Why Does My Car Jerk When Changing Gears?by Juliana Torres
Driving a car with a manual transmission can be tricky. Drivers learning how to drive a stick shift could end up with an unpleasant ride if they poorly execute the transition between gears, causing the car to jerk forward or backward. However, understanding how your car works could help smooth your drive. The key is timing.
A manual car has three pedals: one on the far right to control the gas, a break in the middle and the clutch on the far left. The gear shifter, usually in the middle console, allows you to change gears. All of these pieces are involved in initially moving the car, speeding it up and slowing it down. To get the car moving forward, you must push down the clutch, shift into first gear and gradually let off the clutch, while alternately pushing down on the gas pedal. Shifting between gears requires a similar, but less touchy process. You release the gas pedal, push down on the clutch, shift the gear shifter, and then release the clutch. You can then give the engine more gas.
What the Clutch Does
To understand why your car is jerking between gears, you should understand what the clutch in your vehicle does. Basically, it provides the transition between a constantly spinning engine and your wheels, which may or may not be spinning. Engaging the clutch, which occurs when your foot is off the corresponding petal, allows the clutch plate to make contact with the spinning flywheel of the engine and transfer that torque through the transmission to the wheels. Disengaging the clutch when your foot pushes on the petal releases that pressure from the clutch plate, at which point you can shift without the gears grinding together.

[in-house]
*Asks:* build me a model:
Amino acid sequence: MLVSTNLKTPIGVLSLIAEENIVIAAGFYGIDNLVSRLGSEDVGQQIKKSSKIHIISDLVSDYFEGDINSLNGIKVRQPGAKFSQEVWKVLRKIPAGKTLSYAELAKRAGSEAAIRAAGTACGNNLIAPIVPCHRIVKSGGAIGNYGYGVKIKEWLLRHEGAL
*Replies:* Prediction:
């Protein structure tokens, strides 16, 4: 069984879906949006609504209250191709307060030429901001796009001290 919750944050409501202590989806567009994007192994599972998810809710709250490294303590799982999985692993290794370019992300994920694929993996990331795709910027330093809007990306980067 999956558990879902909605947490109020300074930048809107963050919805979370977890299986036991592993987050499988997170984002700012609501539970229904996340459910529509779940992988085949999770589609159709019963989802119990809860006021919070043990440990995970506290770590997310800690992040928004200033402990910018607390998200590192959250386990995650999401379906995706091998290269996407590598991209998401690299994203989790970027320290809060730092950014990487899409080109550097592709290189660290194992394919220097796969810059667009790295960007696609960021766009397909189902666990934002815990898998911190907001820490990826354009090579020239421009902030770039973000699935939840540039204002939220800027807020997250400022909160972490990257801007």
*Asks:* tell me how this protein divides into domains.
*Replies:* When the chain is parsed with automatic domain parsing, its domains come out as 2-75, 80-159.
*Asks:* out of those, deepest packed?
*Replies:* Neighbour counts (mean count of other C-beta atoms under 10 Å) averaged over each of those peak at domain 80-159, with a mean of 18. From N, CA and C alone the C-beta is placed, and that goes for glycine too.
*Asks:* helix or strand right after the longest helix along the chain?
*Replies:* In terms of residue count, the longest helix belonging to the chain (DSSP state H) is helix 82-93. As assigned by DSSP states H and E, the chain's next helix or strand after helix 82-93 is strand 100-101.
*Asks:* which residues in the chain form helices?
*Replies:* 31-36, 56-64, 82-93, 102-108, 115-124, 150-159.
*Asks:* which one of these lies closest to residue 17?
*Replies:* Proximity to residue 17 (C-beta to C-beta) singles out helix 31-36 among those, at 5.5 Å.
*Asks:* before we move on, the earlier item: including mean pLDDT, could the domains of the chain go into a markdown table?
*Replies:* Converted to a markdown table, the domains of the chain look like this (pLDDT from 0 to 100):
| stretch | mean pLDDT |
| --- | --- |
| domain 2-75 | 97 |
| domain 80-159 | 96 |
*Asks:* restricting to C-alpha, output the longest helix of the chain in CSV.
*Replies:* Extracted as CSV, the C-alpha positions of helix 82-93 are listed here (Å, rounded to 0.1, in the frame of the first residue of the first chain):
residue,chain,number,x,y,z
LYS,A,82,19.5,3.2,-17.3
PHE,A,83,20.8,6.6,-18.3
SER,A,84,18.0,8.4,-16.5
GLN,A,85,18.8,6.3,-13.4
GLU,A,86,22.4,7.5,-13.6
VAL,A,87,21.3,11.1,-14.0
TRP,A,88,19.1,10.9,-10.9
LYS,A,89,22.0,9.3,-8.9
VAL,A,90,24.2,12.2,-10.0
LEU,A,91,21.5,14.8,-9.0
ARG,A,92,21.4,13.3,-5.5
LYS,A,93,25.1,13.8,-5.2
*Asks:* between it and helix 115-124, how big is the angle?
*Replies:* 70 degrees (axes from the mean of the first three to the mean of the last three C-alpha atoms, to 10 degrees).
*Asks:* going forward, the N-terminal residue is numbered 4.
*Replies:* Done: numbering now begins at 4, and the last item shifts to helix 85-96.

In the few moments while you disengage the clutch, shift gears, engage the clutch and reapply the gas, your engine revolutions per per minute have dropped. If you have an RPM meter on your car dashboard, you can watch this occur. Your car will jerk if the RPMs don't immediately match up with the speed your car is going at the new gear. In order to avoid the jerking, you must create the smoothest transition between the torque of the engine to your wheels. Shifting from first to second gear is the most susceptible to that telltale jerk. This is because the difference in gear size ratio between the two gears is the greatest, requiring a greater precision in timing to execute smoothly.
Perfecting the Timing
You can tell whether your RPMs are falling too fast or too slow by how the car jerks. If it slows suddenly, sending your body forward, the RPMs were too low. You should try shifting faster or applying a bit of gas to bring the RPMs back up. If the car surges forward, pushing you back, the RPMs were too high. Try waiting longer for the RPMs to fall more before letting go of the clutch. Slipping the clutch, allowing for some friction between the clutch plate and flywheel, also might help. The more practice shifting between gears, the easier it will be.
If your automatic car is jerking while changing gears, you have a maintenance rather than an operation problem. Check the transmission fluid levels. If that doesn't help, something could wrong with your transmission itself. Your mechanic could diagnose the specific problem.
Juliana Torres started writing in 2004 for "The Daily Texan." She was an intern at "People en Español" and "Texas Monthly" and co-authored the book, "A Legacy Greater Than Words." While writing for the "Osceola News-Gazette," she won several Florida Press Association awards. Torres earned a Bachelor of Journalism and a Bachelor of Arts in Spanish from the University of Texas-Austin.